In ASP.NET, role authorization has been simplified. You no longer need to retrieve role information when the user is authenticated or add role details to the authentication cookie. The .NET Framework includes a role management API that enables you to create and delete roles, and add users to and remove users from roles. The role management API stores its data in an underlying data store that it accesses through an appropriate role provider for that data store. The following role providers are included with the .NET Framework and can be used with forms authentication:

  • SQL Server. This is the default provider and it stores role information in a SQL Server database.
  • Authorization Manager (AzMan). This provider uses an AzMan policy store in an XML file, in Active Directory, or in Active Directory Application Mode (ADAM) as its role store. It is typically used in an intranet or extranet scenario where Windows authentication and Active Directory are used for authentication.

Role management is not limited to restricting rights to pages or folders. Role management provides an API that you can use to determine programmatically whether a user is in a role. This enables you to write code to take advantage of roles and perform any application tasks based not only on who the user is but also on what roles the user is in.

If you establish user identity in your application, you can use the role-management API methods for creating roles, adding users to roles, and obtaining information about which users are in which roles. These methods enable you to create your own interface for managing roles.

If your application uses Windows authentication, the role management API offers fewer facilities for role management. For example, you cannot use role management to create new roles. Instead, you use Windows user and group management to create user accounts and groups and assign users to groups. Role management can then read Windows user and group information so that you can use the information for authentication.

If you are using the ASP.NET roles service, you can check whether a user belongs to a particular role or to retrieve all the roles for a user. However, you cannot manage roles through the roles service API.

To work with role management, you first enable it and optionally configure access rules that can take advantage of roles. You can then use role management functions at run time to work with the roles.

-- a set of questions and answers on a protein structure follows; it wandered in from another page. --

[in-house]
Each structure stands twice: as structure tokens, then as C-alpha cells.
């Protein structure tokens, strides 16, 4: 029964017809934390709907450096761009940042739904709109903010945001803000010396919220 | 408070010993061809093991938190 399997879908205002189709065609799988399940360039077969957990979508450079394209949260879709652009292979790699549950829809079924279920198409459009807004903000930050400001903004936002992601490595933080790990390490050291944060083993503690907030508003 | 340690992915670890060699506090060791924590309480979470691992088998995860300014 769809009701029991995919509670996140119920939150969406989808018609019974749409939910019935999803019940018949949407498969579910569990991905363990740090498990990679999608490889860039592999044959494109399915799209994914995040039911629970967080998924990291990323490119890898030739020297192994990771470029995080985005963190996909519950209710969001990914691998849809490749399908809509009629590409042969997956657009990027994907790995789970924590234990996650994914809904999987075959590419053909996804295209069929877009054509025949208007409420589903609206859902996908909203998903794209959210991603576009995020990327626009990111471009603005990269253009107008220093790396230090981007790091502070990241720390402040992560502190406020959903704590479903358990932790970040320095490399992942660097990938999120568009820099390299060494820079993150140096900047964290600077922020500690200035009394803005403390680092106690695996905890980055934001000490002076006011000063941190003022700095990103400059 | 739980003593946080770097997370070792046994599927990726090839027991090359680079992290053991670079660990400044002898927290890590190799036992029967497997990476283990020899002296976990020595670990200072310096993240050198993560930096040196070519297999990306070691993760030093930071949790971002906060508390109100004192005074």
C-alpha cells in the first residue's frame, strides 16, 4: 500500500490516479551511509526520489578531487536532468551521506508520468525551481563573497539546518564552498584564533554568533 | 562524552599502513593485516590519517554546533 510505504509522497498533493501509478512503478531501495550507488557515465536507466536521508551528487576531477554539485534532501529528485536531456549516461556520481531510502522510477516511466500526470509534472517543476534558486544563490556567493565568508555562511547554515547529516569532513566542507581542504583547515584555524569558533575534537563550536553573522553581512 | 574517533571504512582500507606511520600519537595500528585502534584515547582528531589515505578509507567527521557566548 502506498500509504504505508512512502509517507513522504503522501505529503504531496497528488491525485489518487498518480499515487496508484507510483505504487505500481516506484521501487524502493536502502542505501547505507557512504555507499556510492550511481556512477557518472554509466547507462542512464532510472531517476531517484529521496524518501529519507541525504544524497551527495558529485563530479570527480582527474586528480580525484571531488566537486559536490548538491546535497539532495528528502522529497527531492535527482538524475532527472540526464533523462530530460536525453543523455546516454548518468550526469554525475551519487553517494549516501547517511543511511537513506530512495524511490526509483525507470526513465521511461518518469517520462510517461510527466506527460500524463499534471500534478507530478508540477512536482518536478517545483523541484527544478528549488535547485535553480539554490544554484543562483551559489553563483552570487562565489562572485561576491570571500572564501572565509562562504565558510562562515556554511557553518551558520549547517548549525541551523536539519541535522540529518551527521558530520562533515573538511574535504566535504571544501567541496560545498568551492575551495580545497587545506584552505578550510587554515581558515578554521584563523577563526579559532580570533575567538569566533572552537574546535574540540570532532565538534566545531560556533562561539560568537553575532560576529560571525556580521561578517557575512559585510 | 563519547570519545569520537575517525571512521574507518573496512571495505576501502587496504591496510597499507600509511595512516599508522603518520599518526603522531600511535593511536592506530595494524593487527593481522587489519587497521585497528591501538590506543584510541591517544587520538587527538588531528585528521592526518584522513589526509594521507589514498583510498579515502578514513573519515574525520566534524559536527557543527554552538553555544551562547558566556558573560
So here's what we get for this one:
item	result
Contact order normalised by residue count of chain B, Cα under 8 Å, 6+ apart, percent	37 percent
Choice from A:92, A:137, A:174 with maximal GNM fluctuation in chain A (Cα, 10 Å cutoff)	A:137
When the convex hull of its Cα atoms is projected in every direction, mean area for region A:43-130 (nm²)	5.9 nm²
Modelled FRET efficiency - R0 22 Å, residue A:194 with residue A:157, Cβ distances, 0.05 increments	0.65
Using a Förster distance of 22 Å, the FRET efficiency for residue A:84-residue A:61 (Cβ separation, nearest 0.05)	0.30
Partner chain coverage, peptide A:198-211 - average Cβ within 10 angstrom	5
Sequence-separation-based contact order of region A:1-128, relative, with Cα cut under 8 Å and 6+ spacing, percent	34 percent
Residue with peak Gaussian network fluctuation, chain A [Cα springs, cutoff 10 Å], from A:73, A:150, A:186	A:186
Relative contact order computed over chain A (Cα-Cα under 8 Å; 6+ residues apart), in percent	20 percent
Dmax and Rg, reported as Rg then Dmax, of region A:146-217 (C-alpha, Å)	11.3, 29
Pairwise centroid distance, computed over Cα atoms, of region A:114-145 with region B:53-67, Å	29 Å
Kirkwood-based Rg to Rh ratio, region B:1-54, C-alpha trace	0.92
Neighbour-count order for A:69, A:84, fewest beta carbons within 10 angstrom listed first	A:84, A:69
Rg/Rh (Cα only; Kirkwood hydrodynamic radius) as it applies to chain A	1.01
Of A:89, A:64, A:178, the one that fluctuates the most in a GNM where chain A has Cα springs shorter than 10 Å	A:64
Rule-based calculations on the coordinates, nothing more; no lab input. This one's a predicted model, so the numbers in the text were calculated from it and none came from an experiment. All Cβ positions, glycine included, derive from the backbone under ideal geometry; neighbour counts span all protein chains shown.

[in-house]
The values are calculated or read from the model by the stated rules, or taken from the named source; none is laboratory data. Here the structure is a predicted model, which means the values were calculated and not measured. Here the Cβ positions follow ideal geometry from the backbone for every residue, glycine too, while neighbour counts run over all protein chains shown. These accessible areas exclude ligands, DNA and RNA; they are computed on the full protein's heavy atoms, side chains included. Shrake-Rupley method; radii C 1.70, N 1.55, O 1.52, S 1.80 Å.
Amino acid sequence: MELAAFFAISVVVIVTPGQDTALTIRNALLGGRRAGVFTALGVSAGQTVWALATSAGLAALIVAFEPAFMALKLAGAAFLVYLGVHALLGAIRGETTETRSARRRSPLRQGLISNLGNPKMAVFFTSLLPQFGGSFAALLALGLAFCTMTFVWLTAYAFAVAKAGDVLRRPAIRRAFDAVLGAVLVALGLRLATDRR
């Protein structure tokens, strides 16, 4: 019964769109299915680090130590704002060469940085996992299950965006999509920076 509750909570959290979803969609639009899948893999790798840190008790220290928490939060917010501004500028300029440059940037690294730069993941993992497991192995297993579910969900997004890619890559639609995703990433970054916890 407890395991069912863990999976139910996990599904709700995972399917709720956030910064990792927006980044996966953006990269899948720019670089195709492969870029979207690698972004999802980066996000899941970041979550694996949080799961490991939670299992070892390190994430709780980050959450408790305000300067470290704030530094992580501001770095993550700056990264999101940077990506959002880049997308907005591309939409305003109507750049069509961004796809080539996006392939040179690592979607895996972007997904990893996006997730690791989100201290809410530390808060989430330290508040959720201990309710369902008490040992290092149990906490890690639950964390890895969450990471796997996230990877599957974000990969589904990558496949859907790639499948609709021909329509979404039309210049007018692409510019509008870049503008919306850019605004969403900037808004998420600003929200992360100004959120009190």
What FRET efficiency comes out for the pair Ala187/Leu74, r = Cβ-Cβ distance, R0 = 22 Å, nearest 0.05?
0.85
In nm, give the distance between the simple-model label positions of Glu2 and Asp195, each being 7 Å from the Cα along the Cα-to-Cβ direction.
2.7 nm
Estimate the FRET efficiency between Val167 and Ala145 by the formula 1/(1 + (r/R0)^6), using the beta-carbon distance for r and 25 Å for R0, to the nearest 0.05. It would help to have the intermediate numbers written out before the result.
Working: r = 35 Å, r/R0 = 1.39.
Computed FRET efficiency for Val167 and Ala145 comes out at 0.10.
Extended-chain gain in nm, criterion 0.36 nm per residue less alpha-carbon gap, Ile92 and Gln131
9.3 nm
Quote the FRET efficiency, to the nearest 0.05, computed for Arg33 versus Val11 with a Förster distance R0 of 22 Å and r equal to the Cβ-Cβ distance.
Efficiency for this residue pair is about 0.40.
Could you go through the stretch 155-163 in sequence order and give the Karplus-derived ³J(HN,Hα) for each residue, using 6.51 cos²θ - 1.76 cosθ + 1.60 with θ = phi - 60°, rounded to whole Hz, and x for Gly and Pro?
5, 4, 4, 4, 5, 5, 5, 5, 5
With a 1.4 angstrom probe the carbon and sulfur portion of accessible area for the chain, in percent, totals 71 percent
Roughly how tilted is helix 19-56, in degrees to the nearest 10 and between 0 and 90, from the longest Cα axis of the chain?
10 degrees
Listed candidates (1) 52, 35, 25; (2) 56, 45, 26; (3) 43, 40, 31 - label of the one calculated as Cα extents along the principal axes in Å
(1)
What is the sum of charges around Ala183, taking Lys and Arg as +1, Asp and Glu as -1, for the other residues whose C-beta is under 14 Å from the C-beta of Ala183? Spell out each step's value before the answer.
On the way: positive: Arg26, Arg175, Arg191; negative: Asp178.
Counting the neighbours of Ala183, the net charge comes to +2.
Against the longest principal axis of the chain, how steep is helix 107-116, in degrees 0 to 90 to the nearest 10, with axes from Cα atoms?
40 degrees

To use ASP.NET role management, you enable it in an application's Web.config file by using a setting such as the following:

<roleManager 
    enabled="true" 
    cacheRolesInCookie="true" >
</roleManager>

A typical use for roles is to establish rules that allow or deny access to pages or folders. You can set up such access rules in the authorization section of the Web.config file. The following example shows how to allow users in the role of members to view pages in the folder named MemberPages and denies access to anyone else:

<configuration>
  <location path="MemberPages">
    <system.web>
      <authorization>
        <allow roles="members" />
        <deny users="*" />
      </authorization>
    </system.web>
  </location>
  <!-- other configuration settings here -->
<configuration>

You must also create roles such as manager or member and then assign user IDs to the roles. If your application uses Windows authentication, you use the Windows Computer Management tool to create users and groups.

If you are using forms authentication, you can set up users and roles with the ASP.NET Web Site Administration Tool. If you prefer, you can perform this task programmatically by calling various role-manager methods. The following example shows how to create the role members:

Roles.CreateRole("members");

The following example shows how to add the user JoeWorden individually to the role manager, and how you can add the users JillShrader and ShaiBassli to the role members at one time:

Roles.AddUserToRole("JoeWorden", "manager");
string[] userGroup = new string[2];
userGroup[0] = "JillShrader";
userGroup[1] = "ShaiBassli";
Roles.AddUsersToRole(userGroup, "members");